Thursday, December 30, 2010

War on the penny: take prisoners!

It's been a few years since I've actually bothered to take home the pennies I get in my change. Usually, I'll ask the clerk for no pennies, I'll leave them on the store counter, or I'll use the leave-a-penny tray. This is an informal version of the rounding that would take place on cash transactions if the penny were eliminated.

You see, I'm one of the 55% of Canadians who support eliminating the penny from circulation, and my response to receiving a penny in my change is downright civil compared to many.

Pennies drop on the ground and nobody picks them up anymore, that's how little value they have. The one-cent coins cost more to produce and distribute than their face value is worth.

But I think I've been doing it wrong. In order to help catalyze the elimination of the penny, I shouldn't be refusing them access to my pocket, I should be welcoming them.

More specifically, hoarding them.

The more pennies are removed from circulation, the more need to be produced to fill the gap. That will drive up the government's cost of keeping the penny, and in turn help along the case to eliminate it.

Seeing that I'm a natural hoarder, I can't believe I didn't think of it before. And once the penny is formally given the pink slip, they'll be a nostalgic collector's item to give to grandkids, like a $1 bill. Or I guess the $2 bills. Hm, maybe I should collect some fivers too, just to be sure.

- RG>

Wednesday, December 29, 2010

Bad saxophone music hurts my head

So let's say I've got this "friend" who has a genuinely good point on a couple of issues, but she only really cares about those issues. And she's a true believer in them. She has a somewhat wide audience and makes a lot of noise about her pet issues. Admittedly, not too many people take her seriously, but she likes to think they do.

Every now and then, she makes dramatic, sweeping generalizations to support her causes, and cites her two--well, I can't decide if they're sacred cows or a pair of one-trick ponies.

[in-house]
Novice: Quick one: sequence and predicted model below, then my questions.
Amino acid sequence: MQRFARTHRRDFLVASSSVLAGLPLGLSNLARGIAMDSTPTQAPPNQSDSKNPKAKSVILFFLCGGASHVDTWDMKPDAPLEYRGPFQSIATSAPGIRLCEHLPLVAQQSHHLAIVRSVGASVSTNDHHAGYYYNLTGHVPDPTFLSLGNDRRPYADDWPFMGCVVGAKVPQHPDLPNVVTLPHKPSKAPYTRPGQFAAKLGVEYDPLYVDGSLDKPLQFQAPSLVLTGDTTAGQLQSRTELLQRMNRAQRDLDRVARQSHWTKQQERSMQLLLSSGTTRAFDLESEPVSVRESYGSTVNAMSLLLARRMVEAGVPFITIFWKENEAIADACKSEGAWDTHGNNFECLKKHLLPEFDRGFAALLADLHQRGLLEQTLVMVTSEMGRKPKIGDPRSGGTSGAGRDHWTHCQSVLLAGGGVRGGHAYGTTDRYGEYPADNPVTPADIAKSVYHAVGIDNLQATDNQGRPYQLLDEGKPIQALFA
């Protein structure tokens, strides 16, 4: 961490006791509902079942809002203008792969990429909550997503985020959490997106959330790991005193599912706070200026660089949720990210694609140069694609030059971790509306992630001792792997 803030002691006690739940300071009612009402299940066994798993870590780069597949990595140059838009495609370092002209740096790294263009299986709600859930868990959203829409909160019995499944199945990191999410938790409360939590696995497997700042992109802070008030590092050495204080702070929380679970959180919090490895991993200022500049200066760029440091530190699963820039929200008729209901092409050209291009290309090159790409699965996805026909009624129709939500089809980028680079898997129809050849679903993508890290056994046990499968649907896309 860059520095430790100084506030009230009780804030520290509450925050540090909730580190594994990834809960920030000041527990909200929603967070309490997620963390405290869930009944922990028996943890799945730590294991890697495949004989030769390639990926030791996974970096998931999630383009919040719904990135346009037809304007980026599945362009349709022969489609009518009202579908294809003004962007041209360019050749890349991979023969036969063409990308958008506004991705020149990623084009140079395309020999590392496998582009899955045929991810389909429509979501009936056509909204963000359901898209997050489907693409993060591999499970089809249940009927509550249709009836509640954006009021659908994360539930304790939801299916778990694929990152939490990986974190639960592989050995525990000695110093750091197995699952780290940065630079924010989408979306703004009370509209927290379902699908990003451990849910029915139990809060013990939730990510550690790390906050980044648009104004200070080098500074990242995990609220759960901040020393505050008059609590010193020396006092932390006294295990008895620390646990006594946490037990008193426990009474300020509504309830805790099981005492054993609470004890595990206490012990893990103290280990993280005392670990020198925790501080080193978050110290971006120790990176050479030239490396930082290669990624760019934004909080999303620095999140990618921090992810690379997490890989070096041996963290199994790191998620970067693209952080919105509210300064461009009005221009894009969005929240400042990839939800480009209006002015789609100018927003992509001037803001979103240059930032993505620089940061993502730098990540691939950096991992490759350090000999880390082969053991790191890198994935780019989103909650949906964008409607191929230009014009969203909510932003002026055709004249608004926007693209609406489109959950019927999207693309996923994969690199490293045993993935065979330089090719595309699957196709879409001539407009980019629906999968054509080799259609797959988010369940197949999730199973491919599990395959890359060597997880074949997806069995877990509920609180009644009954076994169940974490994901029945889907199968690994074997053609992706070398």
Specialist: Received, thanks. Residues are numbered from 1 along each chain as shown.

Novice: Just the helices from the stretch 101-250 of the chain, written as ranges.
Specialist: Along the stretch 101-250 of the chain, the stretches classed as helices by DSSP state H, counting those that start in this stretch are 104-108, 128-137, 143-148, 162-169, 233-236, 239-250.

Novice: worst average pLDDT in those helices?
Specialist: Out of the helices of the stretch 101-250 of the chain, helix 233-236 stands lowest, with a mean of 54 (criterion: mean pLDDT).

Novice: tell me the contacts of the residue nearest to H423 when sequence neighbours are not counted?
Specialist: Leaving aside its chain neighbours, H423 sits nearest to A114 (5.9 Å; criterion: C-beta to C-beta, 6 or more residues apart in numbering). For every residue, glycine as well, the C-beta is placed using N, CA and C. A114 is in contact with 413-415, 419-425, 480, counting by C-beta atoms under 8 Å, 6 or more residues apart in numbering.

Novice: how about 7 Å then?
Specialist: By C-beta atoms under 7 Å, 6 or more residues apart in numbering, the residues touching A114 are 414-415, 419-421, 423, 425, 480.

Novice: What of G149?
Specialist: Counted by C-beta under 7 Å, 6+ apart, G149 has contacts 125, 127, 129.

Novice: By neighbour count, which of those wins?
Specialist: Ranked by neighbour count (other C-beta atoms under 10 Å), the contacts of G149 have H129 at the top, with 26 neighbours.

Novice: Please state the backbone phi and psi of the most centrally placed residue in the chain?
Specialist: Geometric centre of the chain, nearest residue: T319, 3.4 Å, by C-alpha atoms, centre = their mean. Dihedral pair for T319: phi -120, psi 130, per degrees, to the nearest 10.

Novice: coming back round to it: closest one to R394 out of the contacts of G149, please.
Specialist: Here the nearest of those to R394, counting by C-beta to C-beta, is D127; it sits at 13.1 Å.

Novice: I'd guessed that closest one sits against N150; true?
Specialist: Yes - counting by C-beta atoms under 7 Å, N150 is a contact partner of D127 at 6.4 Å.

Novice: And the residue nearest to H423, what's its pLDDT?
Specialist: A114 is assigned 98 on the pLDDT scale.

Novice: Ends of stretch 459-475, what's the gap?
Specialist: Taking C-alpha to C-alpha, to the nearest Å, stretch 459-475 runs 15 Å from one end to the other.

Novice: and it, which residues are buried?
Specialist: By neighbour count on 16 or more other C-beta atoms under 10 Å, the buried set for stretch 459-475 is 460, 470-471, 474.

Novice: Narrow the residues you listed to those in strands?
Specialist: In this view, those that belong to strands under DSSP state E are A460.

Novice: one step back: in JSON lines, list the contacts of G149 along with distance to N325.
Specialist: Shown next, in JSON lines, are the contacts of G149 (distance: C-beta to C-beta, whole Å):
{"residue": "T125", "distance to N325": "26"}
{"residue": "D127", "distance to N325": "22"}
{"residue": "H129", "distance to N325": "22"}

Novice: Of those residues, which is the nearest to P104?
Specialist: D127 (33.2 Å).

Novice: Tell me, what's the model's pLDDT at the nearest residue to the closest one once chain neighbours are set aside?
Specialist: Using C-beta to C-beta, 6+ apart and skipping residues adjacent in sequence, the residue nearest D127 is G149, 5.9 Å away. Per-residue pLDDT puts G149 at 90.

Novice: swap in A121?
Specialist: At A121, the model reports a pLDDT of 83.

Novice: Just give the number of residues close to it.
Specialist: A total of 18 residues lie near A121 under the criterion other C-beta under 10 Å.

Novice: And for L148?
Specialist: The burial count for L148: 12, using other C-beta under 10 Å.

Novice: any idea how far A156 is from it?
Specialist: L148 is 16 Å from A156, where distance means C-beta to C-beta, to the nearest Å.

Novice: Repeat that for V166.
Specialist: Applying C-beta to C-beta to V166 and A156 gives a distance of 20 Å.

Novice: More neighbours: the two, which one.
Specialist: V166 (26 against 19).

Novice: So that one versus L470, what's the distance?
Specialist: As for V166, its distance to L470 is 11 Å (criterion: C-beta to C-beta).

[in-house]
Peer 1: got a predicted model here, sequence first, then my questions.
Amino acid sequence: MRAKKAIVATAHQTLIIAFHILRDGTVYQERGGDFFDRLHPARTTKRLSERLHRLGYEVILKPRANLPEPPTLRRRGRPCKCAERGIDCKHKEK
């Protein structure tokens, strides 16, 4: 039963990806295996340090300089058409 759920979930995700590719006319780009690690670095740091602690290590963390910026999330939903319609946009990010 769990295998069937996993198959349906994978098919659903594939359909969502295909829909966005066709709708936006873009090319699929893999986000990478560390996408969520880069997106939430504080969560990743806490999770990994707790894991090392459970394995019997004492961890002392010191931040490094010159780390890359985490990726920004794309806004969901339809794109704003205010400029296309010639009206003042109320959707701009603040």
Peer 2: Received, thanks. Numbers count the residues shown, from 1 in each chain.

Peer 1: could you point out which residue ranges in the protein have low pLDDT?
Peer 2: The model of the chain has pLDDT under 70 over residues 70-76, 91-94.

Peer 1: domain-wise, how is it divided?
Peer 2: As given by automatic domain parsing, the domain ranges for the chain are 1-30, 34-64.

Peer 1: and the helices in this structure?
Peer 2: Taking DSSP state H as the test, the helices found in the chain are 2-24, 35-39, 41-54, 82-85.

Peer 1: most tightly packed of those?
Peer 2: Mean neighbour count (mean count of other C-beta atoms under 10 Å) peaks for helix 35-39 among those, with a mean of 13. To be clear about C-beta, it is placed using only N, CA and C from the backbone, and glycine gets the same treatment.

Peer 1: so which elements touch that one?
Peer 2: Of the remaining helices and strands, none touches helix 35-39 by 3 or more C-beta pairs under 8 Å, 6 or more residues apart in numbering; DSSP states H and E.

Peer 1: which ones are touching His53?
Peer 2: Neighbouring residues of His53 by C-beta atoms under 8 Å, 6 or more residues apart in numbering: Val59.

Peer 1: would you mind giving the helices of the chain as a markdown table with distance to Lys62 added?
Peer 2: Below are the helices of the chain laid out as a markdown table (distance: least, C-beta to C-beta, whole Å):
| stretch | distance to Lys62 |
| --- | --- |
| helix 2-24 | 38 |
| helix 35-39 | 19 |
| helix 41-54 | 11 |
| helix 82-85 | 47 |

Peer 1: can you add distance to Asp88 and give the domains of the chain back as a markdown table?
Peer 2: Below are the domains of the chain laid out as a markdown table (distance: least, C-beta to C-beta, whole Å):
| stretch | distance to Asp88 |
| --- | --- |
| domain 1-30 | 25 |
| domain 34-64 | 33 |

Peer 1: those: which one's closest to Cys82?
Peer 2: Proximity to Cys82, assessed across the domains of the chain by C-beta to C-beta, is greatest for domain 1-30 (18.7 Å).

Anyway, she makes sweeping generalizations that support her cause, but only ever uses her handful of causes to support those generalizations. And whenever somebody brings an example of a similar case that falls under that generalization, she uses her platform to totally shit on that similar case. I guess it's a way to not always talk about her couple of issues.

Occasionally, someone will point out a major flaw in her argument--either it's based on a false premise, or the generalization is so broad that it goes way beyond the scope--sometimes to the point that she labels innocent people as malicious villains. (As you might guess, I've been this 'someone' on more than one occasion)

When this happens, she'll sometimes issue a quiet apology, but then will erase all trace of the error--by censoring the criticism, erasing the apology, and sometimes even the original argument. A surprising feat, really, in the age of information.

Unfortunately, one of these one-trick ponies (I guess this is the third, though this one has been dead for a while--and not beaten recently. If a fourth comes up, it'll be the apocalypse) is when she goes on about how much she values honesty, integrity, and sticking to one's word. Which kind of goes against the whole 'not admitting mistakes (or not for long)', 'censoring criticism', and censoring oneself after the fact.

In my mind, he's a hypocrite and a fucking coward, but what can you do?

What can I do?

- RG>

5 Examples of Americans Thinking Foreign People Are Magic

There's a great article on from October called 5 Examples of Americans Thinking Foreign People Are Magic. Got the link from the depressing hanzi smatter blog (which I got to from a slashdot comment. It tells people what their stupid Chinese tattoo really means).

This is a pretty solid article, and it's only long from the snarkily-captioned images.